Generation Y employees and their influence on leadership: Follower-centred research on knowledge workers in a multinational corporation

Michael Wolff

Research output: ThesisDoctoral Thesis

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Due to the internationalisation of business, companies are required to attract, deploy and retain people from all over the world. Studies have shown that demographic changes in industrialised economies will lead to skill shortages in approximately 10 to 15 years (Briscoe, Schuler, & Claus, 2008; Strack et al., 2014). In addition, the recruited workforce over the next decade will primarily comprise Generation Y members (those born between 1981 and 2000) since this generation is currently entering the job market. According to Braun and Leitl (2013), this demographic will comprise the largest group within the workforce by 2025. Thus, the global need for a skilled workforce and the impending generational change are the motivations for this dissertation. Engineering in the automotive industry relies on young skilled workers. In this research survey, engineers at the research and development centres are generally considered to be knowledge workers, as they have special technical and scientific knowledge and play a key role in innovation (Scarbrough, 1999). Previous studies have shown that an effective working environment for knowledge workers can increase the competitive advantage of innovative and globally competitive companies (Swart, 2007; Yang, Huang, & Hsu, 2014). Therefore, an investigation of Generation Y members entering the workforce is highly relevant for the automotive industry, especially in the areas of research and development (Sturgeon, Memedovic, Van Biesebroeck, & Gereffi, 2009) in the important research hubs of China, Germany and the United States. Furthermore, this dissertation examines the self-perceptions of Generation Y members regarding leadership, particularly focusing on employees’ behaviours and perceptions when engaging with their leaders (Shamir, Pillai, Bligh, & Uhl-Bien, 2007; Uhl-Bien, Riggio, Lowe, & Carsten, 2014). Moreover, it investigates the current status of follower-centred, cross-cultural and generational research in the context of global human resource (HR) management, talent management and leadership. This research employs the qualitative method of focus group discussions to obtain deeper insights into followers’ perceptions in a multi-country context. This focus is especially interesting as Generation Y members are the first cohort to be socialised in a similar way by global events and demand an active role with-in the leadership process (Perruci, 2011). Furthermore, by applying grounded theory, a theoretical framework is developed to analyse the concept of followership in a cross-cultural context. The implications of this dissertation are as follows. First, managers must refocus their efforts for improving the work environment while managing the rapidly increasing influx of Generation Y members. Second, considering the differences and commonalities of such members in the work-force, especially with regard to followership and leadership, this dissertation offers different perspectives on HR functions and on maximizing their out-comes regarding employee motivation and retention. Finally, the research findings contribute to theories on followership and cross-cultural management in the workplace.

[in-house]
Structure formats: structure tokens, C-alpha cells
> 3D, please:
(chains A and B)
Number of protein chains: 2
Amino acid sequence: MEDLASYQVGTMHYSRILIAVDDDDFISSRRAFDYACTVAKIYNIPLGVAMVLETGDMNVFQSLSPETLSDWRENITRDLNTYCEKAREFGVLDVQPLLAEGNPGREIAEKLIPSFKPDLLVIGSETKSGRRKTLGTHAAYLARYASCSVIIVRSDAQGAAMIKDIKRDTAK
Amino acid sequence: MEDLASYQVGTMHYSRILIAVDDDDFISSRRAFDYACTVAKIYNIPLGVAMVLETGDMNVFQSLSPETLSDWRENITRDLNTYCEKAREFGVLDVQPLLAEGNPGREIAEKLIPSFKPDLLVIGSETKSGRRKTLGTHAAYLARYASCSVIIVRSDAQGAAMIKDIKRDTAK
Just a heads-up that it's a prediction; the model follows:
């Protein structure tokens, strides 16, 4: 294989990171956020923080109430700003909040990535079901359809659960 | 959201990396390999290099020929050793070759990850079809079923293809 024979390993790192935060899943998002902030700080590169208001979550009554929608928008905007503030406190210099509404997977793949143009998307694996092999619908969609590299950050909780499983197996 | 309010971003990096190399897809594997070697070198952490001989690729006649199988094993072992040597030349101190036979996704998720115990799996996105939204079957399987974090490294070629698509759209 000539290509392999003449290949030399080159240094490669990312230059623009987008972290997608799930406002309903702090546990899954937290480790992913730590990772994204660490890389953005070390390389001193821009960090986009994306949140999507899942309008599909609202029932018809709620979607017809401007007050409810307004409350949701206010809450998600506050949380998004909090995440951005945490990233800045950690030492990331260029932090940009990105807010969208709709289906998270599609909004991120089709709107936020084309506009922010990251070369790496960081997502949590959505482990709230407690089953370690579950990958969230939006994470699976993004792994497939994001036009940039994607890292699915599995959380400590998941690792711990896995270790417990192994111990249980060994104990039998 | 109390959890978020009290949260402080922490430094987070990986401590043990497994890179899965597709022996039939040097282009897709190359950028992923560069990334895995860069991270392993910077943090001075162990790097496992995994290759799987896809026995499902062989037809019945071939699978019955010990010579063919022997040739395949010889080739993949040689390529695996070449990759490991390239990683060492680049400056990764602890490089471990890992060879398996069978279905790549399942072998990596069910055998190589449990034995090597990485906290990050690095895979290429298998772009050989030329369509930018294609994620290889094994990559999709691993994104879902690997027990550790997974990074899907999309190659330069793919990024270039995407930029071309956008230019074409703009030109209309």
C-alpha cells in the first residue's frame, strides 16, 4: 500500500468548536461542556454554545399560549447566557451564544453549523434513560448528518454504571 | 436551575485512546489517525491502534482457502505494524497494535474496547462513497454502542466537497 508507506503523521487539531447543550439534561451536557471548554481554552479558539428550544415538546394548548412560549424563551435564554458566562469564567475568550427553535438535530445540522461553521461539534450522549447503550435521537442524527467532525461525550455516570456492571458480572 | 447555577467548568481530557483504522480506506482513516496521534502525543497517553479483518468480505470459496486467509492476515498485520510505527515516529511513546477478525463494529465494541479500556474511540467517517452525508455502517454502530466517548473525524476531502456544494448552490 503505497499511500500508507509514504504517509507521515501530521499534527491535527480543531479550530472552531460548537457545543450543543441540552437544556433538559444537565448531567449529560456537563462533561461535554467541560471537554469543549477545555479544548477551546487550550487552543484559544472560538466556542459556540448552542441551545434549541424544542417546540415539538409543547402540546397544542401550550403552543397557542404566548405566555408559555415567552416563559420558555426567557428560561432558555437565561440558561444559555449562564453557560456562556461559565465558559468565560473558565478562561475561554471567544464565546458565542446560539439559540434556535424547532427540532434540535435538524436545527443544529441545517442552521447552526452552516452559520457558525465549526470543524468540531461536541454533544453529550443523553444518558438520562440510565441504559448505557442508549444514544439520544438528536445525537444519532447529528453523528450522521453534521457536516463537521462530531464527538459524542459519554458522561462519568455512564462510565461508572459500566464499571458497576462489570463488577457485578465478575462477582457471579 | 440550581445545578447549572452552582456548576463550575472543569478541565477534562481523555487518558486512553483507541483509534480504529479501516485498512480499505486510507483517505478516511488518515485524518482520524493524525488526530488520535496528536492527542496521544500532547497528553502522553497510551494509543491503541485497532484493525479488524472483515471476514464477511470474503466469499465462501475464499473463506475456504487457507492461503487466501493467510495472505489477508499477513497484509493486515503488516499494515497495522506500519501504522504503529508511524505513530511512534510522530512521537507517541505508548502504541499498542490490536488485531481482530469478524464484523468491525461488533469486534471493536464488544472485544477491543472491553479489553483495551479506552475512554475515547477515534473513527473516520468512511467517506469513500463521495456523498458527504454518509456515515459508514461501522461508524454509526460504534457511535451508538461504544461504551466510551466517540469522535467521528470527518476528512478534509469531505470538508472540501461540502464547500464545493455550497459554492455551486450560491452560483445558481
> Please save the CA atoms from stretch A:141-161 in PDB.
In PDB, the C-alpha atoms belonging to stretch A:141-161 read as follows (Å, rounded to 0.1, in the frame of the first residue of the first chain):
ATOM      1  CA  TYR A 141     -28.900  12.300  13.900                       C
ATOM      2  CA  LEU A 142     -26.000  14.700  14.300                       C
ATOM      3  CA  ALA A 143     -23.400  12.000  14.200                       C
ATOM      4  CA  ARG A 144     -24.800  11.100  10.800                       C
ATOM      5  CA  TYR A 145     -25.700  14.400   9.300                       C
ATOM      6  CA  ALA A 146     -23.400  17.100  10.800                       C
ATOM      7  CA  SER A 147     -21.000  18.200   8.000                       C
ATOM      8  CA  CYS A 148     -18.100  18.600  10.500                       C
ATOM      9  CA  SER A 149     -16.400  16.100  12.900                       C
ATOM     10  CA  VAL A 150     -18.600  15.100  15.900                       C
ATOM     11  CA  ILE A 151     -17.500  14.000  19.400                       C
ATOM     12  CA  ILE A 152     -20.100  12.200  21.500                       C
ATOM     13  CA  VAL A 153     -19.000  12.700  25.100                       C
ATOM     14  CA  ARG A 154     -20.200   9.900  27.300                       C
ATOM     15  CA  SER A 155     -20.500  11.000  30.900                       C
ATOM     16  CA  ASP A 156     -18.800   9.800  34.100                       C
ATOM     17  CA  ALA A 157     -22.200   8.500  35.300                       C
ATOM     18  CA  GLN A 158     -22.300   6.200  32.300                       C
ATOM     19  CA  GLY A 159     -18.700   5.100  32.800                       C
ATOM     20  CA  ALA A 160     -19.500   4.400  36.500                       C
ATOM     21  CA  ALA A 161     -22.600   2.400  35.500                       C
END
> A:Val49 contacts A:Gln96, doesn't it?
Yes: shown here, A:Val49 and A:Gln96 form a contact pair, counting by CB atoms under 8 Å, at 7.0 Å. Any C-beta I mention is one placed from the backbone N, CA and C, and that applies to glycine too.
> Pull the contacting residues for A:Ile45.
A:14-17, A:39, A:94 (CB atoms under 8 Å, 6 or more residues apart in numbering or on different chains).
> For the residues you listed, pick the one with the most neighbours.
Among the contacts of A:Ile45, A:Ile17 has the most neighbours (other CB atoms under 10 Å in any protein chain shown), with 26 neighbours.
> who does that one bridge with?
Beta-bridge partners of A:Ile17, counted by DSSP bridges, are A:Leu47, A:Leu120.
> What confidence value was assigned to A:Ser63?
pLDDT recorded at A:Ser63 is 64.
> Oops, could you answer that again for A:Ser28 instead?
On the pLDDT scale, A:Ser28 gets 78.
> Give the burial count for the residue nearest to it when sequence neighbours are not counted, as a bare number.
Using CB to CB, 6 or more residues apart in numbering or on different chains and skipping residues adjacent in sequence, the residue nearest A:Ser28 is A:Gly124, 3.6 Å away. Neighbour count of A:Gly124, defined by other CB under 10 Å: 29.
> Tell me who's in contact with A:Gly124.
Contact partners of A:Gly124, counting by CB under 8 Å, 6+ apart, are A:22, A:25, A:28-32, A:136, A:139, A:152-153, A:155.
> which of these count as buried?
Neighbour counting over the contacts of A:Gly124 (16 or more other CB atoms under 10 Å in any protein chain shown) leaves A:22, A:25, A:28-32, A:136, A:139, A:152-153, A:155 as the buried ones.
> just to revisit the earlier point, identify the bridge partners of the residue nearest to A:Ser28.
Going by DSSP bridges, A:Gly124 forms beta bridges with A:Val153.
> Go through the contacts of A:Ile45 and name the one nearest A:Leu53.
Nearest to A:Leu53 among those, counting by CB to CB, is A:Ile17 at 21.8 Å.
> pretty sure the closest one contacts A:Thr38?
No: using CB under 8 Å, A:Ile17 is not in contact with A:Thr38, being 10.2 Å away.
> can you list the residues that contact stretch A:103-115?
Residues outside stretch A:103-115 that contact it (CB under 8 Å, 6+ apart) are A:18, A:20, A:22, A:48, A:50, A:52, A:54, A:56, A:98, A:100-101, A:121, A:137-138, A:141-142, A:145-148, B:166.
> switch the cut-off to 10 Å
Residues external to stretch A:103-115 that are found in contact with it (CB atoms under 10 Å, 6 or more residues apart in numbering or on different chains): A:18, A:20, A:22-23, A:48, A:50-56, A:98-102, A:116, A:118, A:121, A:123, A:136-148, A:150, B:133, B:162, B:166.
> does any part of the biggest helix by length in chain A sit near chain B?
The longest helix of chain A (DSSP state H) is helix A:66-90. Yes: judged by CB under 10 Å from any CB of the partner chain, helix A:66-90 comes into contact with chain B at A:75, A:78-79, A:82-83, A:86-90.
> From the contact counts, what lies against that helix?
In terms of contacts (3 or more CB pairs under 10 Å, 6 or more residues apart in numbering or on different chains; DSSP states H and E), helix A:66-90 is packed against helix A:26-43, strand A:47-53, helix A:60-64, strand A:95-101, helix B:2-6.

Original languageEnglish
QualificationDoctor of Business Administration
Awarding Institution
  • Charles Sturt University
  • Bartscher, Thomas, Principal Supervisor
  • Tilbrook, Kerry, Co-Supervisor
Thesis sponsors
Place of PublicationAustralia
Publication statusPublished - 2019

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